The whole process is empowering to different kinds of kids, sensitizing to other kids, um you know, I think that really everybody in there can see that there's, that, that on any given day somebody can say something that makes you think about something in a way that you haven't thought about it before. And it doesn't matter who that kid is in the classroom. And that's good for every kid in that classroom.

Deborah Stipek: It's really important for children to have opportunities to develop their own passions, their own interests. And clearly we have a curriculum. There is a body of material, of, of knowledge that we want children to, to master. But to make school really engaging and exciting for kids, we also have to be alert to what those passions and, and enthusiasms and interests are.

Linda Darling-Hammond: Teachers don't need to be at the mercy of some mysterious moment when students will "become motivated." They can, in fact,  develop motivation in their classrooms by being conscious of how they help students feel competent, how they create tasks that are interesting, engaging, and accessible, and how they create the kinds of assistance with clear feedback and opportunities for revision that are necessary for students to succeed. Teachers can also increase students' motivation by letting them make mistakes and learn from them in a supportive environment.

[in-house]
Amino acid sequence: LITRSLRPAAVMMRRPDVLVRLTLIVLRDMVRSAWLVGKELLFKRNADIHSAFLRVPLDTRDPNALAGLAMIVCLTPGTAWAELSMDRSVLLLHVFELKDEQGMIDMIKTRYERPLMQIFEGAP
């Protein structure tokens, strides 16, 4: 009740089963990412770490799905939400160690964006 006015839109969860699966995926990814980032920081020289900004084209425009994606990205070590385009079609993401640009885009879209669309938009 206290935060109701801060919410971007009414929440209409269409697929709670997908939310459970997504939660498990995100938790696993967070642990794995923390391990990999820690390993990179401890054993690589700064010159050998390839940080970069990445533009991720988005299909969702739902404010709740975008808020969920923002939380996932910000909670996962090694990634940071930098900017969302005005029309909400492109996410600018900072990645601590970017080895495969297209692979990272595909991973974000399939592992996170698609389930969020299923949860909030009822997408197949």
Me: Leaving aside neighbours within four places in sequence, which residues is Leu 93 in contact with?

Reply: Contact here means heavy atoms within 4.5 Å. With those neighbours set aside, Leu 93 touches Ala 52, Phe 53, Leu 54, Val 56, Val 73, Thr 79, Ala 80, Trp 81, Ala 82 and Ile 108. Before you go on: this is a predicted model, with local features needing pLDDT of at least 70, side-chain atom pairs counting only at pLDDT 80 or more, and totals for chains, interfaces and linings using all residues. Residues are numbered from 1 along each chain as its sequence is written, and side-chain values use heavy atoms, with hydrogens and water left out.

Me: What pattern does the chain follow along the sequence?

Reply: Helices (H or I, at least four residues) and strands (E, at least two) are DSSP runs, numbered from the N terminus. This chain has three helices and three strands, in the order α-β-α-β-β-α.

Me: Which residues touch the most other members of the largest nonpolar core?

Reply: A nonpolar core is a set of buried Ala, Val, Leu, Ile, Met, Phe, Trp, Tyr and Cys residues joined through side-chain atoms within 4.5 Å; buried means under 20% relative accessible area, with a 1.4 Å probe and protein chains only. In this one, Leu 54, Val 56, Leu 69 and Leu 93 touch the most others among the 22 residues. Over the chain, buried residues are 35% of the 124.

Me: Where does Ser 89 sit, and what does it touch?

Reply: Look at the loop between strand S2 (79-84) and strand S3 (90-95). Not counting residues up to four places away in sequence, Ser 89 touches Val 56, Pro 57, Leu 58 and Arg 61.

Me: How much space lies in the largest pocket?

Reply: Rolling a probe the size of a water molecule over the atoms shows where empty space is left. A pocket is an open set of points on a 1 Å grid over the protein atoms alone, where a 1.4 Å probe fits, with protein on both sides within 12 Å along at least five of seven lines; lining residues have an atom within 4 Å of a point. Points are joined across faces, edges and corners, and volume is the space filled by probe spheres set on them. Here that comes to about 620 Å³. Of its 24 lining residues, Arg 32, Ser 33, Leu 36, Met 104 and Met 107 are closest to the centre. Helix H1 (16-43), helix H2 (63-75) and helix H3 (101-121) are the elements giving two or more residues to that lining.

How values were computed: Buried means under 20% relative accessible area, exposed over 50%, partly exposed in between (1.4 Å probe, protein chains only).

In motivating classrooms like the ones we've seen, where students learn to persevere as they encounter challenges, they gain skills that will help them achieve their goals both in school and in life.

This is The Learning Classroom. Thanks for watching.

Return to the Support Materials for Session 12.

Contributors to this Session

Linda Darling-Hammond
Charles E. Ducommon Professor of Education, Stanford University

Deborah Stipek
Dean, School of Education, Stanford University

Daryl Robbins
fifth and sixth grade teacher, Birmingham Covington School, Bloomfield Hills, Michigan

Mary Edmunds
tenth and twelfth grade biology teacher, Detroit High School for the Fine and Performing Arts, Detroit, Michigan

Don Johnson
eighth grade teacher, Columbus Middle School, Detroit, Michigan

Kendra Hearn
former teacher, West Bloomfield High School, West Bloomfield, Michigan. Currently professional development consultant, Macomb Intermediate School District, Michigan

Avram Barlowe
tenth through twelfth grade American history teacher, Urban Academy High School, New York, New York.